Dr. Rebecca Johnson is Associate Professor of National Security Affairs at Marine Corps University’s Command and Staff College. Prior to joining the faculty in 2009, she taught at The Georgetown Public Policy Institute at Georgetown University and the School of International Service at American University. Dr. Johnson has spoken on topics related to military ethics across the services in the United States and at service schools abroad. She has published numerous articles and book chapters and is currently writing a book on emerging trends in military ethics. Her most recent work, “The Wizard of Oz Goes to War: Unmanned Systems in Counterinsurgency” is forthcoming in Strawser (ed.) Killing by Remote Control: The Ethics of an Unmanned Military. You can follow her on Twitter @johnsonr.
John Little: Let me start by saying that Blogs of War will never knowingly be the launching point for a leak of classified information – no matter how big the scoop. I consider protection of classified information to be a patriotic duty even if one is not directly tasked with that responsibility. At the same time it is impossible to ignore the fact that anyone who discusses or studies intelligence is able to do so, in large part, because of a long history of unauthorized disclosures. Once a story drops in a major publication the damage can’t be undone or minimized. The information is distributed too quickly and too widely. Given that, what responsibility do ordinary Americans, commentators, and journalists have after the initial disclosure?
Rebecca Johnson: I agree whole-heatedly that protection of classified information is everyone’s responsibility – even those who aren’t in direct government service. American lives and missions really are at stake, and it will be a cold day in hell before I do something I know could sacrifice either. I’m not persuaded by the argument that once information is leaked it’s too late to minimize damage. That may be true, but to me, it’s irrelevant. Journalists and government sources both have their own missions and motivations for what they do. I can’t do anything about what brings classified information into the public realm. I can – and must – accept responsibility for my own actions. That means my sharing of classified information (because even if it’s leaked, it’s still classified), puts me not only on the wrong side of the law, but on the wrong side of my duty to work to make the country more secure. People know I work in national security are more likely to take what I share as actual US policy. I think I have to be more careful than analysts who aren’t related to the government or regular private citizens. They might not read a specific story in the paper, but if I share what I consider to be the ‘important bits’, then I’m highlighting the potentially most damaging elements of the leak for anyone to see. I won’t do free work for enemies of the United States. I know they’re perfectly competent to identify the damaging parts of leaks themselves, but again, I’m not responsible for them. I’m only responsible for me.
Ordinary Americans have a responsibility as well. Everyone knows (but often forget) not to telegraph troop movements. Posting on Facebook that you can’t wait to see Tommy when he gets back from Afghanistan next week may not violate federal law, but it’s not the smartest thing to do. Americans also have a responsibility to be involved and communicate their opinions to the government. Here, I would simply caution that leaked classified information by definition gives only a very small part of the picture. Taking one leak and using it to indict some facet of US policy is shortsighted and sure to be inaccurate. Here, I would encourage folks to give a story time to develop, turn to a multitude of sources from different perspectives, and keep their eyes focused on what’s really important – the strength of the country, not scoring partisan or personal points.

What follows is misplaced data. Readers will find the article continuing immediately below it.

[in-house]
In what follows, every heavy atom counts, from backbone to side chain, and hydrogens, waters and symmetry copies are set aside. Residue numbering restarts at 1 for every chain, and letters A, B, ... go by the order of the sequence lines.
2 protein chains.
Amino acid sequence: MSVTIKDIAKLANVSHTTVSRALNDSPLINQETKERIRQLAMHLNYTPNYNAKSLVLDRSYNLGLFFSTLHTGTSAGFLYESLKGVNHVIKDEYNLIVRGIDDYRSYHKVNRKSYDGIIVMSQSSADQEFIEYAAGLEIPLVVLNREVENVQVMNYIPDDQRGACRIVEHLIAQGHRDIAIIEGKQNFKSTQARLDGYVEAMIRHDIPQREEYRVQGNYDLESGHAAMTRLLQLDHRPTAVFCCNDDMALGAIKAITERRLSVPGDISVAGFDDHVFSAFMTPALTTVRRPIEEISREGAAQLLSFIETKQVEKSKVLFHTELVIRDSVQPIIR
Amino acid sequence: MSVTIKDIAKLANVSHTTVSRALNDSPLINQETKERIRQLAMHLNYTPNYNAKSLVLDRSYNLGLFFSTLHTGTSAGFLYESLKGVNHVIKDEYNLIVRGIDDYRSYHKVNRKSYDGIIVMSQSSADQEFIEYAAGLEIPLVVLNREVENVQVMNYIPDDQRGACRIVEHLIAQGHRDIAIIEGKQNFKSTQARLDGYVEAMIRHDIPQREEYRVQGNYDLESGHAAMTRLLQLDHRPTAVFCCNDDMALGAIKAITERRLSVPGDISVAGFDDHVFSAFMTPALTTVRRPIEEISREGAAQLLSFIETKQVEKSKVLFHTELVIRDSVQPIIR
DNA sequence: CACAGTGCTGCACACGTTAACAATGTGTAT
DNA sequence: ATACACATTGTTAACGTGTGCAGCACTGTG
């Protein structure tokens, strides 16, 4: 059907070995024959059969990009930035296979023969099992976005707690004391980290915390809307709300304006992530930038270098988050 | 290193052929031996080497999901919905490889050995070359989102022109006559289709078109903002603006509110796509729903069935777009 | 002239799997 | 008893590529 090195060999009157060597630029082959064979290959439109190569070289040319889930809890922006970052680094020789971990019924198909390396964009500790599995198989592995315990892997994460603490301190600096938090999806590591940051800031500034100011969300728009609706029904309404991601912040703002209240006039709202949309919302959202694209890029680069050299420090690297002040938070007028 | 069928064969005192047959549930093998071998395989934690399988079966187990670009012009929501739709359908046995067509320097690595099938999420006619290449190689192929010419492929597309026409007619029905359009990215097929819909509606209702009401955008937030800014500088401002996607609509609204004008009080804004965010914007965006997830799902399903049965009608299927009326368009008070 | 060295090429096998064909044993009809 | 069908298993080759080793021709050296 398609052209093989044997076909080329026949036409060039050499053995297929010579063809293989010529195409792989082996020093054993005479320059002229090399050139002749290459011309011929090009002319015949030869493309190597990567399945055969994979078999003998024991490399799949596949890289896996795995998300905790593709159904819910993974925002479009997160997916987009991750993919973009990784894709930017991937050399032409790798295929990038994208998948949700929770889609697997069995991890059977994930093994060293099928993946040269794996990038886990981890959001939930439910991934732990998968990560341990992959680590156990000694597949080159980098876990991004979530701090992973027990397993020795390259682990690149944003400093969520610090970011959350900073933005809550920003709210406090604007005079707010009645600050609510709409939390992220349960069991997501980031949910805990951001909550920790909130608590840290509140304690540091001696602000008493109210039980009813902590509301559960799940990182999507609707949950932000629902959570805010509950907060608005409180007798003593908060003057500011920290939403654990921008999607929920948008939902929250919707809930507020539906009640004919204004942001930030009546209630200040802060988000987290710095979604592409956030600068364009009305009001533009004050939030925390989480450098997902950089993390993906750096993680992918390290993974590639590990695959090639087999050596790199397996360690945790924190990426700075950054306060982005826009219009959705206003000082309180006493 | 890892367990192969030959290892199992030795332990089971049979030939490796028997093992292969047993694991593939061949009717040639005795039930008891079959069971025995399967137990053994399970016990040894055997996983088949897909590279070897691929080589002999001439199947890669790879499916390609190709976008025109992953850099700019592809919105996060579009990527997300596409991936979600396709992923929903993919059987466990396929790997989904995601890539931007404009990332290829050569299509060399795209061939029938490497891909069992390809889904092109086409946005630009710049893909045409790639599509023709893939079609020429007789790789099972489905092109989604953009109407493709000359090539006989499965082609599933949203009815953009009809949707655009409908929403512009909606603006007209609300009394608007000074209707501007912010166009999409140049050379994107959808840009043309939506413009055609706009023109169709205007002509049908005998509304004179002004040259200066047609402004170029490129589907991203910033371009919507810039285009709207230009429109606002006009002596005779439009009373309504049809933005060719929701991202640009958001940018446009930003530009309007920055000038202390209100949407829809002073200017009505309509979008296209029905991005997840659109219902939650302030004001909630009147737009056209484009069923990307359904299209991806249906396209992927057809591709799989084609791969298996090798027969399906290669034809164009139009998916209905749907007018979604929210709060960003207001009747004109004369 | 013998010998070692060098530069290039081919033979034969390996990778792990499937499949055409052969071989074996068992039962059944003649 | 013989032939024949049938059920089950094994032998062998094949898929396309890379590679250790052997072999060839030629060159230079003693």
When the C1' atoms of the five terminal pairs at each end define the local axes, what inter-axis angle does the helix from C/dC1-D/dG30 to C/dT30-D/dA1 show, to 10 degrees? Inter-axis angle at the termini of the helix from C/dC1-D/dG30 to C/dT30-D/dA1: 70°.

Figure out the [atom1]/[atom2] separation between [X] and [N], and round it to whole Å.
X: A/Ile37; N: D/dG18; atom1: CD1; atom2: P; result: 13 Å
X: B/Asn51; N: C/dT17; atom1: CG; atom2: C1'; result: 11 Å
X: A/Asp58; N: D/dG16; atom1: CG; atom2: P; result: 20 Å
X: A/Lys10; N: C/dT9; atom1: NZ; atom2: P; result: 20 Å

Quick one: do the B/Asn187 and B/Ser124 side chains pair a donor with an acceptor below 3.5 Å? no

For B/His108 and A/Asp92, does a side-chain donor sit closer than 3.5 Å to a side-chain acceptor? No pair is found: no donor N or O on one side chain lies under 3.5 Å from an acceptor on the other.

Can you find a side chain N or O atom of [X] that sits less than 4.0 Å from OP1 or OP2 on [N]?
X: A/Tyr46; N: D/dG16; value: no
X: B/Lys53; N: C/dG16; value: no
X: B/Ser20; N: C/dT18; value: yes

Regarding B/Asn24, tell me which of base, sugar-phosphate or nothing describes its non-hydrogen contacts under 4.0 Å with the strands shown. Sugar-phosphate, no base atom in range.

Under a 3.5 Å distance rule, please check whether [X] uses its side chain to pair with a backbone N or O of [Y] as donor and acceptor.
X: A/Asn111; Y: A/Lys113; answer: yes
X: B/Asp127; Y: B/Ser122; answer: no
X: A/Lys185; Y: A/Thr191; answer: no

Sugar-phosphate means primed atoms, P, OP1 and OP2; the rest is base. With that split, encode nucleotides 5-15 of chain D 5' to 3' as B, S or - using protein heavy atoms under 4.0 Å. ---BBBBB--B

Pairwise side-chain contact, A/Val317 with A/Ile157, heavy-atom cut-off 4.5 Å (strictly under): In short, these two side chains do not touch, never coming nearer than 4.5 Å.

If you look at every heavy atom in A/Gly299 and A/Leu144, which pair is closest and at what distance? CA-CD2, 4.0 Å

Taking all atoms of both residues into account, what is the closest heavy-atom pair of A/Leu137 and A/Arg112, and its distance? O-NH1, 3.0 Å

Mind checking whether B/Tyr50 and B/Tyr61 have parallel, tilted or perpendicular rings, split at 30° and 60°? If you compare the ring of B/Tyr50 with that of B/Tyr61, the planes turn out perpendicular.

John Little: But patience and careful consideration are in short supply. Is there a way to introduce a common ethical framework back into this arena (as opposed to a purely legal one) when it looks like the dysfunctional relationship between media and social media exhibited in the Sandy Hook School shooting is the new norm? The notion of personal responsibility doesn’t exactly appear to be on the rise either.
Rebecca Johnson: If they’re in short supply, then it’s probably a good idea to practice more! I just don’t buy this line of argument. The people working the issues are the ones generating the classified material to begin with; they don’t magically see it for the first time once it’s leaked (very often, at least!). It’s the public — and primarily those of us who work in this area, but maybe not a specific issue directly — who want to know what’s happening on the ‘high side’ and create a lot of the churn following a leak. I am a true believer in our particular system of democratic governance but I couldn’t care less about feeding personal egos or people’s desire to be ‘in the know’. There are times when people claim disclosure is in the name of democratic transparency, but what they really mean is that it’s in the name of advancing their particular agenda or sense of personal entitlement. Anyone who’s in this business to be the center of the ‘look what I know’ universe would be better served just staring in a mirror all day. It would be far more helpful for everyone.
I see Sandy Hook differently, primarily because we’re not talking about national security and classified information. It does, however, highlight both sides of social media – important information is shared quickly and efficiently, but the impulse people (not just journalists) have to be the one who shares the information first resulted in the wrong man being accused of a horrific crime in a very public, terribly painful way. Did he find out that he was accused of mass murder on twitter before or after he learned that his brother had killed his mom and 26 other people on Facebook? That is the very real cost of social media and citizen journalism. In terms of a common ethical framework, I would suggest the following (and I’m speaking here to your basic user of social media – I’ll leave journalism ethics to the professionals):